Rebuilding a vSAN Node with a failed boot disk


6 min read

The Backstory

Hi all,

Recently I received alerts from my vCenter 7.0 installation that 2 of the nodes in my vSAN cluster were getting hit with the following error:


"Lost connectivity to the device mpx.vmhba32:C0:T0:L0 backing the boot filesystem /vmfs/devices/disk/mpx.vmhba32:C0:T0:L0. As a result, host configuration changes will not be saved to persistent storage."

This is unfortunate. When I built my Home Lab, I did so using a depreciated boot media - a USB Drive. I made this decision due to the limited internal connectivity of my Shuttle DH310v2s.


In hindsight, I should have installed my nodes with the configuration I am now migrating to. I am using a USB 3.0 to Sata 3 connector made by Startech, along with a few leftover Samsung SSDs I've had in inventory.


The Rebuild Process

Rebuild Prep

Before we begin a re-installation, let's ensure our cluster can remain in good health by doing two things:

  • Migrate/vMotion all VMs on the impacted node to different nodes in the cluster
  • Put the impacted node into Maintenance Mode w/ a Full Data Migration


Re-installing ESXi

Once the data migration fully completes, we are ready to shut down our impacted node and begin the hardware change.

Once you have completed swapping out your storage mediums, begin the process for an installation of ESXi. I do not have screenshots to share, but I am doing a general installation of ESXi 7.0 off of a provided ISO. I am installing the system onto my new replacement SSD, setting the login information, configuring the management interface to reside on the same IP address/interface as before, and nothing more.

Reconnecting the vSAN Node to vCenter

Once our node is up and reachable by our vCenter instance, we can start by re-connecting the node. 28c1499c7a8637fe6eded0c70aff9bae.png Select OK

From here you will encounter a failure due to the authenticity of the hosts SSL certificate, and will be prompted to re-add the host. Follow the re-connection steps(re-entering password, accepting the new certificate etc. For the VM location, just press next). bc5b9980629243e8e499b72659086651.png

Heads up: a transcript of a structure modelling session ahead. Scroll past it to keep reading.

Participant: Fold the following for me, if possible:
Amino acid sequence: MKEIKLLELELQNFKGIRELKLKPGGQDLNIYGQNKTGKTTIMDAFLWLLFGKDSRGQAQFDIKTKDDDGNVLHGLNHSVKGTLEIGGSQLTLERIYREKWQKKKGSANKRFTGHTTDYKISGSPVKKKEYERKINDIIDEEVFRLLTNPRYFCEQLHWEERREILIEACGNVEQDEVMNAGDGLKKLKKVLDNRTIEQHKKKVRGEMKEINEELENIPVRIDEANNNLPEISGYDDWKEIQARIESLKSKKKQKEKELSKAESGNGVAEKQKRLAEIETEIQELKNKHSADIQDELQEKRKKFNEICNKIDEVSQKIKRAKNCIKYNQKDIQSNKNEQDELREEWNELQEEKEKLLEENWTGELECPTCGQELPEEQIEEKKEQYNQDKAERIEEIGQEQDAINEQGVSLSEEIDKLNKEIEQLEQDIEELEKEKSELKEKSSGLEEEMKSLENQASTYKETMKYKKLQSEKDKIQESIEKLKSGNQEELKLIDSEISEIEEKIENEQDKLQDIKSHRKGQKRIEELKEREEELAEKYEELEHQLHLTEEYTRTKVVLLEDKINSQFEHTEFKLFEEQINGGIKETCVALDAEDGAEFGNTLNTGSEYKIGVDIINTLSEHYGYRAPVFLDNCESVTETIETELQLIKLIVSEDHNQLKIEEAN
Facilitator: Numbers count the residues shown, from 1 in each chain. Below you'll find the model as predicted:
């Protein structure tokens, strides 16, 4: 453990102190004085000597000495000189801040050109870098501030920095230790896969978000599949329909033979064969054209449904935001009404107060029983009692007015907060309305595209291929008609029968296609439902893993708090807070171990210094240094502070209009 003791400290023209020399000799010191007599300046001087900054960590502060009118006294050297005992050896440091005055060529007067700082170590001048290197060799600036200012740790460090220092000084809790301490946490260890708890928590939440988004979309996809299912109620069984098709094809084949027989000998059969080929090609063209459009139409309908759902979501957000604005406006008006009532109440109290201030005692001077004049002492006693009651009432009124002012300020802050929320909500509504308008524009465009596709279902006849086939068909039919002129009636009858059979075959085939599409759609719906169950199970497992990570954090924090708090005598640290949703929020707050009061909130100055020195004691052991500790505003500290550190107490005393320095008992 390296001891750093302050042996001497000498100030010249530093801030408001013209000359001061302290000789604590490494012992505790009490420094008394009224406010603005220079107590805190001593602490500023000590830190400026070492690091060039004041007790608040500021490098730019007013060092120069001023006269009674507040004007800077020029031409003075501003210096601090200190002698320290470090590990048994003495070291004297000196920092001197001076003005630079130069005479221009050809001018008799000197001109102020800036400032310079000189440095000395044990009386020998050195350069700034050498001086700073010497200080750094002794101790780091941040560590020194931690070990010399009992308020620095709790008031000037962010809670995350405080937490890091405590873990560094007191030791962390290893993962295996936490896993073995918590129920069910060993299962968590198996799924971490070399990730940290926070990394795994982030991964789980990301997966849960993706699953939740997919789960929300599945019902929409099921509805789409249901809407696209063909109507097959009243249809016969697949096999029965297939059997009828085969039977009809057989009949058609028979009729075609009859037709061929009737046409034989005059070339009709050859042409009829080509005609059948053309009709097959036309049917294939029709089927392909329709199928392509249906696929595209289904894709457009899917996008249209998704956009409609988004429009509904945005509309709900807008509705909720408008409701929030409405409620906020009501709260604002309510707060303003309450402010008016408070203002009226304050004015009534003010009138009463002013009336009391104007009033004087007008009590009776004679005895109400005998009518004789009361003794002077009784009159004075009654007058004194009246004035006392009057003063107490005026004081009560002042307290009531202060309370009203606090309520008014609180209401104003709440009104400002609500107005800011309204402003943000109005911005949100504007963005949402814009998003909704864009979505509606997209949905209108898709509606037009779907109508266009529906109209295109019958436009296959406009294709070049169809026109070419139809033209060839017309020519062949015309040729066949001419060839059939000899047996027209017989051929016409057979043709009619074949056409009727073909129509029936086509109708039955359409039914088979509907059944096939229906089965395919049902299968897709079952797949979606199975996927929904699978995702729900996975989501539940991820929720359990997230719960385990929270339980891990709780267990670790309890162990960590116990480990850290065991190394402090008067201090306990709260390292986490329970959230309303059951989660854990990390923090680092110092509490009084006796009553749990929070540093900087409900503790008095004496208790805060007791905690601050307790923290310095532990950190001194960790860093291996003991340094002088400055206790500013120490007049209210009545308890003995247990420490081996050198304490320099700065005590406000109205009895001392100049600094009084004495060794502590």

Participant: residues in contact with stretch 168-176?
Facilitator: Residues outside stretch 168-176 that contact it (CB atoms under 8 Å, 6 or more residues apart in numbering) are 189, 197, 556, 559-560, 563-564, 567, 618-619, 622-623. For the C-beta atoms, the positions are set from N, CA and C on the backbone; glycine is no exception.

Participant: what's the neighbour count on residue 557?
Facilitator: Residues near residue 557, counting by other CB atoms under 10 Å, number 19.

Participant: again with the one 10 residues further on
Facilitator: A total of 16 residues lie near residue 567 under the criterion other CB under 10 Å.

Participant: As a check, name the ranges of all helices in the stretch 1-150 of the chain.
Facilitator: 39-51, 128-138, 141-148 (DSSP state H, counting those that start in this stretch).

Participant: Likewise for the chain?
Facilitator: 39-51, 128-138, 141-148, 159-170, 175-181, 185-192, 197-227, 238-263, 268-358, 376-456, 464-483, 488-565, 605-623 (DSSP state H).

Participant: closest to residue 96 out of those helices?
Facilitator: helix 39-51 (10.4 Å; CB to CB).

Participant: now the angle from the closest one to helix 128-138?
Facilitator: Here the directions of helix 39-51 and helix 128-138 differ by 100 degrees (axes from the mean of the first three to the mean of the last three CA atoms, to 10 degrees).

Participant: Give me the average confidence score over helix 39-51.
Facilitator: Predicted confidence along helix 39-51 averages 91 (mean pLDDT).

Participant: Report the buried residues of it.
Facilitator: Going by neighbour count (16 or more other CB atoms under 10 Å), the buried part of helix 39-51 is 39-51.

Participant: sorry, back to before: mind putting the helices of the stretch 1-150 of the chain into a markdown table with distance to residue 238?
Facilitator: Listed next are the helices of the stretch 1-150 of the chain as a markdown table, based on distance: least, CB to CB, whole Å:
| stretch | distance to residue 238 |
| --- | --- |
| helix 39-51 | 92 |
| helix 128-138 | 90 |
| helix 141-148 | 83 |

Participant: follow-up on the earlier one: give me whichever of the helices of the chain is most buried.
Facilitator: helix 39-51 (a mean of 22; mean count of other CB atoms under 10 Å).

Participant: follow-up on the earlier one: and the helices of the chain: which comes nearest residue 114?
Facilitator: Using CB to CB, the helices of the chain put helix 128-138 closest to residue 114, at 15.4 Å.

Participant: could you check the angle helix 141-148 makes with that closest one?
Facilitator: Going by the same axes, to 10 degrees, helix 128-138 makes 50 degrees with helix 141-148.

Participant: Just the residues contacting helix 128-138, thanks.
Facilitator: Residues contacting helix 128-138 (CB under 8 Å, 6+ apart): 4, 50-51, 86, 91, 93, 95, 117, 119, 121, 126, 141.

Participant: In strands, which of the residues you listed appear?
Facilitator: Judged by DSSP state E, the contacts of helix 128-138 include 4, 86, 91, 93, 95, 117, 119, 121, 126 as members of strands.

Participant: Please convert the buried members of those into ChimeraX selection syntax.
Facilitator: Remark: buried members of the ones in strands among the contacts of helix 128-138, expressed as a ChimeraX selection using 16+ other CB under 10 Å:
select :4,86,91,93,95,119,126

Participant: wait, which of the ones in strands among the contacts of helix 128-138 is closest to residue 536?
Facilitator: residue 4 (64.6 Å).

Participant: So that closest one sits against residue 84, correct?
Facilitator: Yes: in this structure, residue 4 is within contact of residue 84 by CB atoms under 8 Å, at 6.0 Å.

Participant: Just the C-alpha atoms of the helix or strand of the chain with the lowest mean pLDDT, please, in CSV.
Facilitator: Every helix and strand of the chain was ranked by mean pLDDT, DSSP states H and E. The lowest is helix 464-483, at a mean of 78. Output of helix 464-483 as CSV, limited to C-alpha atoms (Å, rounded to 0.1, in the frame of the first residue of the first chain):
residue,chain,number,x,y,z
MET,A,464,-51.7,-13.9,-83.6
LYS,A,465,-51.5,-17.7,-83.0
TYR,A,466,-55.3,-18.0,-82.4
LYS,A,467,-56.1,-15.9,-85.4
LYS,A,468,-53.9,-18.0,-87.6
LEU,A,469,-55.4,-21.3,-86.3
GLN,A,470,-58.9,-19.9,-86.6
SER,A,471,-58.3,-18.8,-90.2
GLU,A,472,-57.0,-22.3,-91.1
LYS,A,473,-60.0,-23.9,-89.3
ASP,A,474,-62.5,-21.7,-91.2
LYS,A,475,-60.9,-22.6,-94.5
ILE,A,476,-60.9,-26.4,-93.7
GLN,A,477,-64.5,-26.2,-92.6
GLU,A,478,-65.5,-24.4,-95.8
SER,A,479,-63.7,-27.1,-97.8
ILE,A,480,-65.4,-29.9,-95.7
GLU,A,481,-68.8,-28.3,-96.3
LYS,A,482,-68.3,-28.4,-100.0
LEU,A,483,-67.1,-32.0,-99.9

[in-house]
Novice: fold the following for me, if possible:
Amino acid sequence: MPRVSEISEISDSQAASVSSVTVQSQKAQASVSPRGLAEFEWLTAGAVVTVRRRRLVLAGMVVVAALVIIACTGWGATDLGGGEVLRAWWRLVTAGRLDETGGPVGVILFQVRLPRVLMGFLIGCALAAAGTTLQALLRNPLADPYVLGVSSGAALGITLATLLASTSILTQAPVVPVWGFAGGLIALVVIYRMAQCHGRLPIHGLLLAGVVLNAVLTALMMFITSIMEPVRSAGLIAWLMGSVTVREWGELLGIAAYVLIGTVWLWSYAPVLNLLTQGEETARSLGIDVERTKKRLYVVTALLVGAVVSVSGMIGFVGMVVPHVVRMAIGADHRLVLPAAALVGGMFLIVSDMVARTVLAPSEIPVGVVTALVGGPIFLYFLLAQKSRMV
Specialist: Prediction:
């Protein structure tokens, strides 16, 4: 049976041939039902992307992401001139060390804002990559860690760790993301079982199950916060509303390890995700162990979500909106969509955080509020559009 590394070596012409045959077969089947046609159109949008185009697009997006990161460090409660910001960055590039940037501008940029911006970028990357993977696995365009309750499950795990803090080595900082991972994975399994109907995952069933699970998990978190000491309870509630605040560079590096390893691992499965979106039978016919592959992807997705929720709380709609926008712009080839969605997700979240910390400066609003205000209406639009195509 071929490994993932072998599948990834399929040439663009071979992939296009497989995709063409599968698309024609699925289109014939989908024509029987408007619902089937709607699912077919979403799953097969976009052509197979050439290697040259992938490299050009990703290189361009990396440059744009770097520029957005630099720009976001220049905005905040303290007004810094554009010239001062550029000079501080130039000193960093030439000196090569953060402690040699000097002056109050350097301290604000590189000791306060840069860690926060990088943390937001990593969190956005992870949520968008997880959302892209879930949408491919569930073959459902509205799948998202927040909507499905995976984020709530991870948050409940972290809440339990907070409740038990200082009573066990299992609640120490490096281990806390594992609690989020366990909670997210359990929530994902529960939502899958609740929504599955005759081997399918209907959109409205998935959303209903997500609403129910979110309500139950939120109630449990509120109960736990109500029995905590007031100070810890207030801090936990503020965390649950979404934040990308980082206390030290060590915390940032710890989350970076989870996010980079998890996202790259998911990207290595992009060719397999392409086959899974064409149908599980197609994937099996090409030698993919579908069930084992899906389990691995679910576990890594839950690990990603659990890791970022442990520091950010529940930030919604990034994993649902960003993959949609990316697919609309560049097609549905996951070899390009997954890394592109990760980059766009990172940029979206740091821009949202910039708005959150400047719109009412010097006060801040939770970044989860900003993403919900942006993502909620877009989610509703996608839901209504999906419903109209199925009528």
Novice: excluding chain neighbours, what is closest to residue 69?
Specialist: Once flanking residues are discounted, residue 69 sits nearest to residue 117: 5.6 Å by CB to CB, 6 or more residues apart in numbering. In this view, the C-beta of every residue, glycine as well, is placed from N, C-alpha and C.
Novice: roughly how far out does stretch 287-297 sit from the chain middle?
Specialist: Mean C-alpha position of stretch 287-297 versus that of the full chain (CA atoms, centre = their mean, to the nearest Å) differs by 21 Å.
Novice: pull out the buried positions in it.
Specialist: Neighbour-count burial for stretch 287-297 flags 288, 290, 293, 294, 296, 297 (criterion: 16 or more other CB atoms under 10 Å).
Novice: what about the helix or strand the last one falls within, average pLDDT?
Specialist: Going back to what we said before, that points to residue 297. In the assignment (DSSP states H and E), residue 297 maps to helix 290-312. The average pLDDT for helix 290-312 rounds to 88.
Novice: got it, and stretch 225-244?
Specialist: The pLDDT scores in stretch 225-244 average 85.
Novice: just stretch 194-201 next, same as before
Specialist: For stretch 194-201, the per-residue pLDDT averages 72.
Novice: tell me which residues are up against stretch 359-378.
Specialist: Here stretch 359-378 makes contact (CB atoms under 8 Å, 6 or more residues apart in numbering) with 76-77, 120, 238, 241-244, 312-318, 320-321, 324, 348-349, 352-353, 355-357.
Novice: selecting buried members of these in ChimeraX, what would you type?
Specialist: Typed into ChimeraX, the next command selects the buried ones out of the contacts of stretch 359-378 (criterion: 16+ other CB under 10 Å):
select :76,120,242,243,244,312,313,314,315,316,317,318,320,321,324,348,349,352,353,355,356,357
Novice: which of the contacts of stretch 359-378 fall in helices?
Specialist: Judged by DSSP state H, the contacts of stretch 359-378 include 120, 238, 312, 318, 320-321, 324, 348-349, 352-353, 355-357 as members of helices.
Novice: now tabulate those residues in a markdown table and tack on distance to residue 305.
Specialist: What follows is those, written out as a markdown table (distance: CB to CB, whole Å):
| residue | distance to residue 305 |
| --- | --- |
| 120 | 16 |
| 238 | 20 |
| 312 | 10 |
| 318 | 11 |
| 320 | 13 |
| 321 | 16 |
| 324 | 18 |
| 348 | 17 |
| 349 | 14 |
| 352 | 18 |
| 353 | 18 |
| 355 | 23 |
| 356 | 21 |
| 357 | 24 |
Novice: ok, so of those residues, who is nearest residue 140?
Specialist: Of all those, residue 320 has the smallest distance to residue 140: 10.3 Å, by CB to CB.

Once you have completed the connection process, vCenter will automatically attempt to re-configure the node. It will fail.


Reconfiguring the nodes distributed networking

If your configuration is similar to mine, you will be using Virtual Distributed Switches to handle the networking for vSAN, Management, vMotion, and other tooling. Simply reconnecting your node will attempt to push these settings to your target node, but they will not completely install. We need to migrate over the configuration of the current node to our desired state.

Looking at my newly installed node, we can see it did push some configuration.


In my specific configuration, I have more than one VDS. I have one specifically for management/vSAN, and another specifically for VMs. Each of these VDS' align to one of the two physical ports on my servers. To restore the proper configuration, head over to the networking tab of vCenter and right click on the VDS containing your management network, and click on "Add and Manage Hosts".


Due to the error in certificates and identification between specific installs, we're first going to fully remove our newly installed node from this VDS.



Select Finish. Once it is removed, we're going to go back through the same process, except this time we will be adding our new node.